I meant Texaco not Texas. Typing too fast. Oh we also have some Marathon but that is more common in Ohio since Findlay OH is their headquarters. Super American is the dominate brand and it is the first to raise prices with the others following. Costco has some of the cheapest gas and it is one of the few with additives in the 87 octane (that is a plus for me).

To the fools that say "all gas is the same", "buy the cheapest"... tell that to people with higher compression engines (people with vehicles that specify 91 octane at the bare minimum). This site really does let just anybody post here. It is a shame that the moderators are non-existent.

To the fools that say "all gas is the same", "buy the cheapest"... tell that to people with higher compression engines (people with vehicles that specify 91 octane at the bare minimum). This site really does let just anybody post here. It is a shame that the moderators are non-existent.

Great article guys: I agree with everything you included about gasoline.

As a former auto tech I can state the following from my experience. Much of it was covered above .

- use the fuel octane recommended for your vehicle and no higher. However, if you live in an area that adjusts gasoline fuel from summer to winter blends, say most northern states and Canada, you may experience pinging in the spring or early summer. If this occurs, and you are concerned, simply move up an octane level for a couple of tanks until the winter blends are used up.( See article above about octane and towing.)

- misconception: using higher octane fuel in an engine designed for 87 octane, will increase fuel economy. Answer is no. Premium fuel is generally used in higher compression, higher reving and boosted engines.
Premium fuels are slower burning and may actually rob you of performance and economy if used in engine requiring 87 octane.

- unless otherwise stated in the owners manual, don't use premium gasoline in your small engine tools (trimmers, mowers blower etc. ) Premium will rob performance from these engines.

No ignorance at all PJ. Since everything I ever own has always run fine on 87 (even 1 car that's manual "demanded" higher) and ALL the non fuel branded stations (the majority) are getting whatever is coming out of the closest terminal I stand justified. You can obsess over tiny amounts of additives that may or may not be added in the right quantity or at all to each and every load that you can get in more variety more reliably and controllable doses at most stores. I will also let you know that first full tank of fuel in your brand new car courtesy of the car dealership will be of the lowest grade of fuel at the nearest pump regardless of what the manufacturer calls for. While when choosing the grade of fuel (octane)manufacturer's recommendations can matter (especially with some specific models) and influence performance (mostly MPG) if the vehicle will operation without ping or knock higher grades are unnecessary. As stated before what really matters is the condition of the fuel (age/contamination) which is often mostly influenced by the amount of time it has sat and the manner in which it has been stored again mostly influenced by the station, turnover and the condition of its equipment. One tank of bad/contaminated fuel will undo a lifetime of loyal brand chasing / humping additive obsessing overpaying.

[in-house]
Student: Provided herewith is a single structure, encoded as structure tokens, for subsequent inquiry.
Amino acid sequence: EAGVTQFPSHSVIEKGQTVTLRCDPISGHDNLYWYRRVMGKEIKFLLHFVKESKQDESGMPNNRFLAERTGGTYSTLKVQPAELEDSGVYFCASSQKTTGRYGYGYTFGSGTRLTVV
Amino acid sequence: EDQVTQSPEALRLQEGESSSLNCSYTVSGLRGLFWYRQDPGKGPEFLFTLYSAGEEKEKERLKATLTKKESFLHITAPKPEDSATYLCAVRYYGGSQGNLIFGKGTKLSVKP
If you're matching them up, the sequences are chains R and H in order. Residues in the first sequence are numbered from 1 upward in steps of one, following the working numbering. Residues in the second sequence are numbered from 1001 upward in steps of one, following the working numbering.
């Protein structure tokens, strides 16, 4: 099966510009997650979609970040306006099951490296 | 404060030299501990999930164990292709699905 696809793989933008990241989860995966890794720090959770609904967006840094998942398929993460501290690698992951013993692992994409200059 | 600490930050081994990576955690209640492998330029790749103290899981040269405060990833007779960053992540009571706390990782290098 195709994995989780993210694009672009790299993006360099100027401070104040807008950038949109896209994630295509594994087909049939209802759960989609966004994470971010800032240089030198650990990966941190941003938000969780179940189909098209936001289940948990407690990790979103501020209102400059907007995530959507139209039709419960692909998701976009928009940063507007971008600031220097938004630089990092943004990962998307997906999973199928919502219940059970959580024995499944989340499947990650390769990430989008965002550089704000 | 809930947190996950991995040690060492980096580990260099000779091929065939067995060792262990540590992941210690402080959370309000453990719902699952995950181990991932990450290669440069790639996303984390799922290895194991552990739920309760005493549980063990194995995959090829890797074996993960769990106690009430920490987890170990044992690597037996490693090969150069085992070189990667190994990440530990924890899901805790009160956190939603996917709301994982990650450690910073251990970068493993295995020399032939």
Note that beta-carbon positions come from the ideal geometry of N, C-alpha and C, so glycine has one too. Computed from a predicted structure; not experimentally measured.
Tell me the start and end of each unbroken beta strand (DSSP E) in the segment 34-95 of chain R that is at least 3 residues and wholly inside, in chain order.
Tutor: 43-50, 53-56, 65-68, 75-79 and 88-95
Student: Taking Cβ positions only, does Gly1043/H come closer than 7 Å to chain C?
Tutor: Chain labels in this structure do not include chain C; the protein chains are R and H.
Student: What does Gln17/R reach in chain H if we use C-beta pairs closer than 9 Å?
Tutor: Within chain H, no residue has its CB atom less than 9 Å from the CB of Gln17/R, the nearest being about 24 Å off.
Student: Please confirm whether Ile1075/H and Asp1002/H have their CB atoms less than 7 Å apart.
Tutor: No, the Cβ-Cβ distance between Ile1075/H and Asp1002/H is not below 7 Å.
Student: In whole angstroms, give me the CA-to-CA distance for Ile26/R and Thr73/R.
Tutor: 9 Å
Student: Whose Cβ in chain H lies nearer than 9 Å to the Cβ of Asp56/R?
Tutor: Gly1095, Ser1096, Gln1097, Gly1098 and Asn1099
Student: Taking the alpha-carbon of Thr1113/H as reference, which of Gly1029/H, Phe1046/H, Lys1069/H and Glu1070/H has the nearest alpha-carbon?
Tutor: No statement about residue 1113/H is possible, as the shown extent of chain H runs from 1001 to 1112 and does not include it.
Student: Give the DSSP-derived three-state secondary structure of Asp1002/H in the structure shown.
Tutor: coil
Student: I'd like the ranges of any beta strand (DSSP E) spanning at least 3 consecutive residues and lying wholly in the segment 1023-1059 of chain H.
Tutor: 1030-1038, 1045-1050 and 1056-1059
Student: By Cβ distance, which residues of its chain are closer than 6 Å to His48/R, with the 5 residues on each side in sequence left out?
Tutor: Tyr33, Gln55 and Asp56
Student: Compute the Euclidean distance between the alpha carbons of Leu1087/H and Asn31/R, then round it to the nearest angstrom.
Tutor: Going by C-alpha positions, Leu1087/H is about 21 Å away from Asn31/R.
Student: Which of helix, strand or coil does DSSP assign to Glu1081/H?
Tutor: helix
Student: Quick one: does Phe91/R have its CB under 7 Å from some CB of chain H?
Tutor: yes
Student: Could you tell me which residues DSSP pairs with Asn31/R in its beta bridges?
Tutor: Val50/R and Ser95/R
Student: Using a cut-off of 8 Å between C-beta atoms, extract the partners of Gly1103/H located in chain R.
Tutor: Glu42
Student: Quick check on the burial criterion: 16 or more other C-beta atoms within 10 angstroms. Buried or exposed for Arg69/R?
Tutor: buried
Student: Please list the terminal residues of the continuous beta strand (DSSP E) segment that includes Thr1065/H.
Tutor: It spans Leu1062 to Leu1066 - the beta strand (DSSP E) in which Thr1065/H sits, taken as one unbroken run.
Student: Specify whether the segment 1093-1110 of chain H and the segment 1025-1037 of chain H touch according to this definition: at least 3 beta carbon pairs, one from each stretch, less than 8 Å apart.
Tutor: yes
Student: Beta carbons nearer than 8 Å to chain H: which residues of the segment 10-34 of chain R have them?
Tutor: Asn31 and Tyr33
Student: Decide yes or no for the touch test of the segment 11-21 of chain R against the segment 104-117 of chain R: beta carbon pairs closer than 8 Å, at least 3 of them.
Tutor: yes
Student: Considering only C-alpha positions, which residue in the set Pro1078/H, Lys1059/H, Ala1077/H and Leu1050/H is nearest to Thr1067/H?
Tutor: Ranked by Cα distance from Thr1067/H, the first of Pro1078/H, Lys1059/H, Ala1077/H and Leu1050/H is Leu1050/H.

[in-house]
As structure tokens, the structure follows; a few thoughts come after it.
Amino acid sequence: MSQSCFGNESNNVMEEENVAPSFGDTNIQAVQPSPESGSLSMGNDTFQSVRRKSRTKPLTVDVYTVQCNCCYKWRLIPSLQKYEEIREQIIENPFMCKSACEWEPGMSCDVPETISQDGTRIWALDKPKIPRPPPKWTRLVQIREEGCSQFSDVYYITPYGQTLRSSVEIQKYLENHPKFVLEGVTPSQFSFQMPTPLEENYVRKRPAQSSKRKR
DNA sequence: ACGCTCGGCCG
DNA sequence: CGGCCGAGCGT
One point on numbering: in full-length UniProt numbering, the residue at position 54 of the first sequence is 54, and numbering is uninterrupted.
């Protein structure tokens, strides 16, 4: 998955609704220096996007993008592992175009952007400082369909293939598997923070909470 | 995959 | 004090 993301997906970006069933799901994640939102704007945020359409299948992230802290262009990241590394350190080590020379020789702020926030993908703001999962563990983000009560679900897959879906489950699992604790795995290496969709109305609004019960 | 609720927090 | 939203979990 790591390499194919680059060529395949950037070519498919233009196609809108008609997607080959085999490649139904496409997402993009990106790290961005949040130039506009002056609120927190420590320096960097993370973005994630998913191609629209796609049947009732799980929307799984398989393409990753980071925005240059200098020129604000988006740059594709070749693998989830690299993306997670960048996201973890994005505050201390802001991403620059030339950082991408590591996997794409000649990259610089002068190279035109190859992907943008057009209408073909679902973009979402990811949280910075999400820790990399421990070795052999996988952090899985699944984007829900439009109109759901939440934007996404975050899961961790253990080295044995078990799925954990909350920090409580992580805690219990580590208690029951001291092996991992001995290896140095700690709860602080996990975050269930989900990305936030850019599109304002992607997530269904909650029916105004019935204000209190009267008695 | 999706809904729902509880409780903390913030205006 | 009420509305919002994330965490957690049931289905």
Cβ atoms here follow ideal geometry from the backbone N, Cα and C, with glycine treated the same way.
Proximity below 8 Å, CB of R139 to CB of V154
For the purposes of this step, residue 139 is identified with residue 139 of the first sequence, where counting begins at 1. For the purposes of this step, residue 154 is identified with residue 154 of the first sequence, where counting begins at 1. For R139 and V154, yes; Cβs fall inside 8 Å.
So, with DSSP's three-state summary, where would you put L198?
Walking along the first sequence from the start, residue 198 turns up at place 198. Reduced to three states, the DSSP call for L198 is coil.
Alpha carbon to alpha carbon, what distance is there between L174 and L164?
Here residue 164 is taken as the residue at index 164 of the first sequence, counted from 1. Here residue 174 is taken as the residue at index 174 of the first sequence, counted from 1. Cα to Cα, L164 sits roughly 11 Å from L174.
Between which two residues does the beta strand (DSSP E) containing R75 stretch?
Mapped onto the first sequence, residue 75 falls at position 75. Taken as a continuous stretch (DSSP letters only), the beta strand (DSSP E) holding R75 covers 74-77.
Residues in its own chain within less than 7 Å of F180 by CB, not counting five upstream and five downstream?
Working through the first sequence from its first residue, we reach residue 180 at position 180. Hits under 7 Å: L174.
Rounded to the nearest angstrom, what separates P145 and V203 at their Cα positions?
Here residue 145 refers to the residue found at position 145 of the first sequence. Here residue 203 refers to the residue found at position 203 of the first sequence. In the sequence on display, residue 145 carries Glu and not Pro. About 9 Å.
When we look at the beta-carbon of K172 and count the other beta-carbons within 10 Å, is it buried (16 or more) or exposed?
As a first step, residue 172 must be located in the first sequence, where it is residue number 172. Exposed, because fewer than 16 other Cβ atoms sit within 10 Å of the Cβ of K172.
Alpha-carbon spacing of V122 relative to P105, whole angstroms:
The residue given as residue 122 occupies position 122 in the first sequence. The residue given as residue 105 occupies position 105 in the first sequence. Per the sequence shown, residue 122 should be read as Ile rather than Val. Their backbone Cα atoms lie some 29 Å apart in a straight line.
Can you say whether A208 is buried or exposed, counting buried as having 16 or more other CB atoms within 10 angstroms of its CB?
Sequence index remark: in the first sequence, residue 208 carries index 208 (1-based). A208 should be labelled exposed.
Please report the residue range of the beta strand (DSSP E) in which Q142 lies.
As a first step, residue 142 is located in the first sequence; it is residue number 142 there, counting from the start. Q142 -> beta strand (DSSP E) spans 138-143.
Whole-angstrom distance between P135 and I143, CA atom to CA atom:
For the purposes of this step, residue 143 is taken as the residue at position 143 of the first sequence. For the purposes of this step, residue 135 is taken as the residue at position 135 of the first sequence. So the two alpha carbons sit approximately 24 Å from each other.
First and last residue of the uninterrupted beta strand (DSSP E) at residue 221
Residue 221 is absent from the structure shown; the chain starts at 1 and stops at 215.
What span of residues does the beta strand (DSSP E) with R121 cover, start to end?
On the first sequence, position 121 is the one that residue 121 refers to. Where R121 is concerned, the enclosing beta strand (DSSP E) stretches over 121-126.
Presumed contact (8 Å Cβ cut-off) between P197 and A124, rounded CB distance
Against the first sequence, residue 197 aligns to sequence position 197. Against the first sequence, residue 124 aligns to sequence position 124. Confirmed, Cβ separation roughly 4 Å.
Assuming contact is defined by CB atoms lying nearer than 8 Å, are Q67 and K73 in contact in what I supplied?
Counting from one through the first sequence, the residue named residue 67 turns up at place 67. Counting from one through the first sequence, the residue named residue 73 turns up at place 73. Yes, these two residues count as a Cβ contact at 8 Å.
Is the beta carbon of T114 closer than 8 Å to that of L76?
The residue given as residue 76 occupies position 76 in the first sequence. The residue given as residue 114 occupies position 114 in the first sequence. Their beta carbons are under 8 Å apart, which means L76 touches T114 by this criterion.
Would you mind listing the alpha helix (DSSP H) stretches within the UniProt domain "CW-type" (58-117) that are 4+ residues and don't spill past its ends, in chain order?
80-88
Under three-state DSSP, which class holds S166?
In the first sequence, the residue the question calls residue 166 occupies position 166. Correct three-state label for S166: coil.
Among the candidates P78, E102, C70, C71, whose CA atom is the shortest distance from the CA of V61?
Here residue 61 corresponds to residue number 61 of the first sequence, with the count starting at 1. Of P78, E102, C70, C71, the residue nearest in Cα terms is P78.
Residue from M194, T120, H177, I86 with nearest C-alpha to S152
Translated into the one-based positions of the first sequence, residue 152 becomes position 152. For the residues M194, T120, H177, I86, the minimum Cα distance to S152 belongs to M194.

I buy corn free gas whenever it's available. All subsidies for ethanol should be removed and allow ethanol fuel to stand or fall on it's own.

Gms happens to be correct on this subject.
Wrong on most other, but correct in this post.

@Clint--I worked at a Shell station during the Summers when I went to college and talked to many of the tanker truck drivers. They told me that they load their trucks at the closest terminal to where they deliver and that all the major brands and independents had an agreement to do so. It does take slightly more to refine a higher grade but not a lot otherwise it is the additives to gas which each brand adds to the gasoline when they are loading at the terminal. I do add fuel injection cleaner like Techron every couple of month because it does keep the injectors clean and because I do not do a lot of driving. Most important thing about gasoline is how fresh it is and if the underground storage tanks are not leaking. Do not fill up when a tanker is unloading at a station because it stirs up and sediment in the tanks. There is a certain amount of moisture tanks get from condensation and there is no way to prevent all sediment. The reason I brought up Costco gas is become it is usually less expensive and they add the additives anyway. Also avoid running you tank too low because there is a certain amount of condensation just in your tank from the heat and cold and you get a certain amount of sediment when you pump your gas which you cannot see.

Also if you drive an older vehicle you have to be aware of the ethanol content in gas especially anything older than 2001. Ethanol will eat the seals and hoses on older vehicles. Most newer vehicles are designed to run on E-15 and many are designed to run on E-85. I avoid anything above E-10 on my 99 S-10 unless I cannot find anything else but I make it a point to go to higher volume stations because the gas is fresh.

Additionally you should stick to the recommended Octane level--it is a waste of money to go to a higher Octane. Your owners manual will give you that along with the recommended weight and type of motor oil. I would take the advice of the owner's manual because the engineers that know the vehicle write the specs.